What I mean, this is not the building that we lived in, but, from the time I was a small child, this was the church we, my family, attended. I every sense, it was the community that we lived in, the people who went here were our neighbors, it was built with the time, sweat and blood of the people who were our relatives and friends. This building, along with a half dozen others, housed the oldest friends, neighbors and relatives that I would ever know. Of course, what we see here, is just the coat, that covers the church of my heart and mind. I realize even now, that I am separated from this place, that the real treasure is what was housed inside this building.
And still...some 15 years after I left this place, in the eyes of many, disgraced by my fall from Faith, when I received the call, asking me to come back, and ply my trade, to renew the landscape of the Church, I found the curious familiarity of a place that I grew up. The old eyes, the old faces, so many that I knew; and the building, as old, and familiar, as a coat long forgotten. I walked into the chapel, the very chapel, with the very furnishings, that I see in the wedding pictures of my parents, I wander the hall, towards the tiny classrooms that held us in study of the Bible, the social hall, where so many times we would gather and renew our bonds of community. The building was what it always was. And I was here to change it's front yard.
The Existing Entry
How long had it been, some 50+ years since the landscape was changed, innumerable years, innumerable hands, this was the end result of those 50 years, changing to fit into a new reality. The landscape, known by the neighborhood as 'the eyesore', the church having fell to a dwindling population over the years, as the congregation moved away. People like me. New codes that carved up the once generous entry, The landscape a tossed salad of attempts and failures to modernize. And so, this tiny community, an outpost of the Japanese-American community I grew up in, had faded along the way. So, then, why the new landscape, and how would they pay what surely would be $100,000 of construction costs.
And that is where this community changed, where they began to ask themselves, how do we sustain our life here, or do we move on. And the answer came in how they opened themselves up to the community that surrounds them, not being the old way, the Japanese-American church, but, being a community church, reaching out to anyone who sought a welcoming and open place to seek their time with God. And life came back into the community, and in so doing, this new energy drove them to look at the 'face' they showed to the community and how it might be more welcoming, more modern. And of all people, they called me, and I considered it an honor that they would consider me. Here is what we did.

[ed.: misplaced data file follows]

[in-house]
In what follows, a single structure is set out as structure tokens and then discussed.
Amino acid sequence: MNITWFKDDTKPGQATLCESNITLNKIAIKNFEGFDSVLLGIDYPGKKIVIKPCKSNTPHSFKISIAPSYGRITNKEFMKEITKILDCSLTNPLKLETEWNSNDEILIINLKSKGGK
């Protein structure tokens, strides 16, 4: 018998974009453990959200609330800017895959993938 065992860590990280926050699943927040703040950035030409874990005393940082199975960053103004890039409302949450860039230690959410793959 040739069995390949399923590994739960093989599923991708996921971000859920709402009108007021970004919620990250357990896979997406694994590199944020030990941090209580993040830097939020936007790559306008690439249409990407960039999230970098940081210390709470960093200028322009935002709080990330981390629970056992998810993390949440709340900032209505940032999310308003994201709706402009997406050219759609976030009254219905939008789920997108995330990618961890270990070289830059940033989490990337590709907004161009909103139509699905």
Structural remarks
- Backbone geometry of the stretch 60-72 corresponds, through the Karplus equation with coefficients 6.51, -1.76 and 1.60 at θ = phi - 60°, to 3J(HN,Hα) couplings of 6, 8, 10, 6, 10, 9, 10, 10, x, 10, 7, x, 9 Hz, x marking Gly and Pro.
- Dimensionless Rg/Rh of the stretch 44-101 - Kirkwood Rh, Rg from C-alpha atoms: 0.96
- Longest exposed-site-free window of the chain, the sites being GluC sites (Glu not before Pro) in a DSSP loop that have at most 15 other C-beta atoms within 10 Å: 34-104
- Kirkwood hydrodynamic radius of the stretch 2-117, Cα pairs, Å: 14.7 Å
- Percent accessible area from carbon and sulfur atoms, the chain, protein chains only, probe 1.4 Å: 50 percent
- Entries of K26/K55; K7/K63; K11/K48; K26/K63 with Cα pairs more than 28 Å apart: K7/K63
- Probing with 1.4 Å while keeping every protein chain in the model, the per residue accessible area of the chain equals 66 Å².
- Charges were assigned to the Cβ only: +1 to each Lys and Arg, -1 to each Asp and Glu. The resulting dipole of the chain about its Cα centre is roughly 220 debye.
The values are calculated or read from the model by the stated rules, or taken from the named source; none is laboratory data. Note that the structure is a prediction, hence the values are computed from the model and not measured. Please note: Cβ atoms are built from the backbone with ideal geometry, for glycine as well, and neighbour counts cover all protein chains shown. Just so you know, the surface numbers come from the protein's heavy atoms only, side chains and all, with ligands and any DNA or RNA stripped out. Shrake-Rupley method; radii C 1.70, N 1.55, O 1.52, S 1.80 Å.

Removing the old growth completely, changing to a more open and visible planting scheme, which will lighten the old entry, make a cleaner and neater public face, and use a few elements, such as boulders and grasses to allude to the Japanese heritage, while bolder colors reflect a more upbeat view. An aside, many of the people who were supporters of the churches needs in the mid-20th century were rose growers, as was my family, I had to get some roses in there.
Rerouting the ramp, both to make it closer to the disabled parking, but, also to remove it from splitting the entry in half, this routing also made the ramp much less steep. The old ramp was built using the church exemption, but, nobody used it, indeed, many of the older parishioners found getting into the old building too tiring. It became both unfriendly, and physically imposing. The new orientation, with new planting, has become one of the most used entries to the church now. Benches have also been added, to allow for stopping and sitting, In time, the landscape will provide a softening buffer and seasonal flowers to make the ramp seem more path like.
The New Sign
A new sign, simplified and modernized, to let people know the church is there, but, not so large or obtrusive as to dominate the corner. Designed with form which mimic the old country sings of Japan, the sign is just another way the site has been modernized. Clearly, a few more coats of finish are needed, but, this balances the need for readability and subtlety to the neighborhood. One of the things I take away from this, is that many of the neighbors have taken time to thank the church for paying attention to the landscape.
The New Entry
The new entry, once we removed the ramp, and started to examine what was most needed, it really came to me that the entry needed to be redone. Besides the ramp cutting the old entry in half, the concrete was worn, the planting had overgrown the area and it was dark. As you can see, this porch faces north, and at one time, a maple overwhelmed the space. It was a difficult decision to remove a maple that had been in that location for nearly 50 years, but, time had done too much damage to it, and it was in the wrong place. Worn railing were removed, grade was adjusted, a gravel groundcover, and smaller scale planting, and a new dwarf Japanese Maple, along with a nice bench, open up the light and air, making this space feel more open. My understanding that the new stairs, simpler paving pattern, new ramps and railings have already had an impact on the old place, with many people being quite pleased with the changes.
A church is the sum of far more than the building and it's grounds, the Church I grew up in was all about the old folks, their sons and daughters, so many people who formed the community that defined what we all gathered to be a part of. But, my hope, is that much like the community work I have done with streets and parks, by creating a place, something welcoming, open and aware of the people who would use the space, that my design work will lead to this community continuing to be sustainable into the future.